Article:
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Gear suggestions

 
Post new topic   Reply to topic    Northwest Kiteboarding -> Gorge / Portland / Oregon Coast
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inferno493

Since 16 Apr 2015
19 Posts

 



PostTue Apr 06, 21 8:40 am    Gear suggestions Reply with quote

I've taken some lessons and am looking for gear to get me started. I'm 5'6 and 180 lbs. It was pretty windy (20+ kts) during my lessons and I was riding a 10m kite most of the time which seemed to work fine. Looking for suggestions on the range of kite sizes I might want. Also any other suggestions for a newb just getting into the sport. I have a budget of around $2500 for gear this season.

Thanks in advance.

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bigjohn

Since 13 Mar 2012
587 Posts

Addicted



PostTue Apr 06, 21 1:19 pm     Reply with quote

Find a friend you trust to help you purchase used equipment. Brand doesn't really matter as long as it was manufactured in the last decade.

Anything you buy you will destroy. Doesn't matter if it is new or old.

$2500 is a good budget to start out with.

One board, 3 - 4 kites.

The more kites you have, the quicker you will progress. Nothing worse than sitting on the beach because you dont have the right gear for the conditions.

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knotwindy

Since 25 Sep 2011
535 Posts

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PostTue Apr 06, 21 1:59 pm     Reply with quote

Anyone know if there will be swaps this season?
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inferno493

Since 16 Apr 2015
19 Posts

 



PostTue Apr 06, 21 7:54 pm     Reply with quote

Thanks, Unfortunately I don't have any friends that kiteboard. I need a summer sport and chose this because it looks like it has a lot of the fun of snowboarding, which is what I do in the winter.

Regarding size, do you think an 8-10-12 would be useable in most conditions? I will probably end up in the gorge and around Astoria for most of my outings so I figure average winds will be around 20kts.

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bigjohn

Since 13 Mar 2012
587 Posts

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PostTue Apr 06, 21 8:36 pm     Reply with quote

inferno493 wrote:
Thanks, Unfortunately I don't have any friends that kiteboard. I need a summer sport and chose this because it looks like it has a lot of the fun of snowboarding, which is what I do in the winter.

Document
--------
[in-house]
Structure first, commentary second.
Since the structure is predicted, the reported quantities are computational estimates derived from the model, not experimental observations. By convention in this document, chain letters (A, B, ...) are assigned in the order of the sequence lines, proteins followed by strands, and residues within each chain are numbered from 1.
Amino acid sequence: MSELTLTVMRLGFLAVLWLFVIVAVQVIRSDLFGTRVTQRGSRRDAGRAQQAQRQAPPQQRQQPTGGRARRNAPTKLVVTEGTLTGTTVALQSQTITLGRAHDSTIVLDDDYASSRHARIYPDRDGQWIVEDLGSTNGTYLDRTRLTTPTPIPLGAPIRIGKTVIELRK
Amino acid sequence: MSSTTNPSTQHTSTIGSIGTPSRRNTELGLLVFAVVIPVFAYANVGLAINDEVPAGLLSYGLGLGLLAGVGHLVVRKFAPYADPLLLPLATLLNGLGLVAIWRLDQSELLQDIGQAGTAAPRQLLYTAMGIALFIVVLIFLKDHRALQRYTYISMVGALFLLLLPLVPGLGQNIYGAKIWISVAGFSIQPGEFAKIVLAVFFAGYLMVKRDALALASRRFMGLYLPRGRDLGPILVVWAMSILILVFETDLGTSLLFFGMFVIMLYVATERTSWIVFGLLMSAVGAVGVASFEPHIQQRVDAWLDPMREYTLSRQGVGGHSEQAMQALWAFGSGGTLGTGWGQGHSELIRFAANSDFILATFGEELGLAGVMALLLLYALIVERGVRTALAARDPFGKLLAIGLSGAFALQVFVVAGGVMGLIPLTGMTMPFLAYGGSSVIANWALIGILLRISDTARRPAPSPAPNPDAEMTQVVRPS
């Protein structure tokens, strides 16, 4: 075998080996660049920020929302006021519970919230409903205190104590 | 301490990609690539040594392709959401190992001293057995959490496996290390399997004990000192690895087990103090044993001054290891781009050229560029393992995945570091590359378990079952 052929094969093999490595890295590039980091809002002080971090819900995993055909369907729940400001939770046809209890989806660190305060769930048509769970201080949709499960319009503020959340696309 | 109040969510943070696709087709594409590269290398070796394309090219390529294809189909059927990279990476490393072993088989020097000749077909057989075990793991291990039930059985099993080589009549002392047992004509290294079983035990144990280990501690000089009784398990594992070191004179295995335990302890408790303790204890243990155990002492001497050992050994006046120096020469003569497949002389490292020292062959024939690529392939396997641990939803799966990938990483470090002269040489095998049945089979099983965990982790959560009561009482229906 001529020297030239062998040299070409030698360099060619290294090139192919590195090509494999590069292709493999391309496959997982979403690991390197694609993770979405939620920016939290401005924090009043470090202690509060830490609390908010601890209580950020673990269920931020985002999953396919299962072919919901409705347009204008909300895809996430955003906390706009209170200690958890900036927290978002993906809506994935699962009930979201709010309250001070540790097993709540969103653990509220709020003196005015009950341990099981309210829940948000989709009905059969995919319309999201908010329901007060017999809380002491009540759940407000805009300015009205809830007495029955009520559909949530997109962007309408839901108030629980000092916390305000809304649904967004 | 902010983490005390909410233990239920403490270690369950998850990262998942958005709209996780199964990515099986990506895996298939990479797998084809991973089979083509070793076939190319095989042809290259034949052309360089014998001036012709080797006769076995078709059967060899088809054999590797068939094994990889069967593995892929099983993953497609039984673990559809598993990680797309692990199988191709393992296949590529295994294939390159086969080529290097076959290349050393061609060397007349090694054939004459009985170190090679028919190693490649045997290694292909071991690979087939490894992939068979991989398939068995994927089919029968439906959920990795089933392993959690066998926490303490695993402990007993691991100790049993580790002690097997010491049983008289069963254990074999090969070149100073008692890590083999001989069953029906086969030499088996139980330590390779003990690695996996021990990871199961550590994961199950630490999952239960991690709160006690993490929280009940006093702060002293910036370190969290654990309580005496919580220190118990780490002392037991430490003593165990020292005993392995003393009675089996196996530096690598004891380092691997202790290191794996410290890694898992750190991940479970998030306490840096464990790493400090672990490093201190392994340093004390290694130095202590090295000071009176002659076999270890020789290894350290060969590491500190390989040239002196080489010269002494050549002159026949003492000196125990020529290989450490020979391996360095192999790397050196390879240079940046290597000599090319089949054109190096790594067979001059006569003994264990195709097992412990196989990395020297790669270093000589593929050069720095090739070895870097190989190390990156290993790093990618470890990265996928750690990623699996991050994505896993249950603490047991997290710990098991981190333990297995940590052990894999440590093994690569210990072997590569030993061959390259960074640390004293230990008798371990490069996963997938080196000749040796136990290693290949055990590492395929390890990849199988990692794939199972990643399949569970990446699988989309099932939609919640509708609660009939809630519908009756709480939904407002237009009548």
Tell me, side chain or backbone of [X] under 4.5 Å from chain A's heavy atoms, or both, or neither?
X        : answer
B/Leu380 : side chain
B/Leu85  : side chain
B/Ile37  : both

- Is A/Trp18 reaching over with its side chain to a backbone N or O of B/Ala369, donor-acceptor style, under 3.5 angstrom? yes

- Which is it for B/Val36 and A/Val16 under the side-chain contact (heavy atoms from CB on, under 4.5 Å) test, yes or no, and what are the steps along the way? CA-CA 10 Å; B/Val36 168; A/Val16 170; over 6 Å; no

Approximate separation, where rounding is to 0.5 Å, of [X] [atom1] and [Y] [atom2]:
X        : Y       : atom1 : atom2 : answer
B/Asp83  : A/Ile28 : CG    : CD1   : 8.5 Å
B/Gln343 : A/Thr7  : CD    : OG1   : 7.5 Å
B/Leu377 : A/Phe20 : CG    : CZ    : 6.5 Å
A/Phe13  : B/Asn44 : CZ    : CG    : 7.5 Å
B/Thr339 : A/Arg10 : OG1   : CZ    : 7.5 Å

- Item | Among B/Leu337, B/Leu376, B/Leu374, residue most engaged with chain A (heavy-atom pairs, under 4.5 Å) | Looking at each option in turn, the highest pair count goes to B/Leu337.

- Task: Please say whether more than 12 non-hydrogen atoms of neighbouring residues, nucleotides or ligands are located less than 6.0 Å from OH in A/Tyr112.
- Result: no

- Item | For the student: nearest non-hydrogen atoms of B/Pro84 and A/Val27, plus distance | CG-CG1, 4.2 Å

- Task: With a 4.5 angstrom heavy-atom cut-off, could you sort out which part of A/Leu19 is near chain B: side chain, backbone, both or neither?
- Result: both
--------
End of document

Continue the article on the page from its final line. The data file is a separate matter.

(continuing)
Regarding size, do you think an 8-10-12 would be useable in most conditions? I will probably end up in the gorge and around Astoria for most of my outings so I figure average winds will be around 20kts.


At 180 I think you are probably dead on. If you can figure it out, 6-8-10-12 might be better.

As you don't have a sponsor I will throw out some opinions...

When purchasing used kites I would suggest the following approach:

1) Look for a background of the seller. If purchasing off NWKite look at the seller's past posts. Do they have a good reputation? Do you trust them?
2) Confirm it holds air. Pump it up and let it set for a while.
3) Look for pin holes. They are okay, but try to keep them to a minimum if you can. You can always put tape on them.
4) If the kite has been repaired, look at the quality of the repair. If the repair was sewn it was probably a professional repair. If it is just tape, it was probably a DIY job. Do you trust the repairs? For perspective, you are purchasing a used kite. Expect to be placing tape on your kite...
5) Ask about the story? Why are they selling? Always good to get background.
6) How worn is the kite. Key components to look at are how "crispy" the shell looks. New kites will have a crispy look to them while worn out kites will be flat. Look at the trailing edge, this is a wear point for kites that have sat on the beach a lot. Go over the kite inch by inch. Pay attention to the stitching.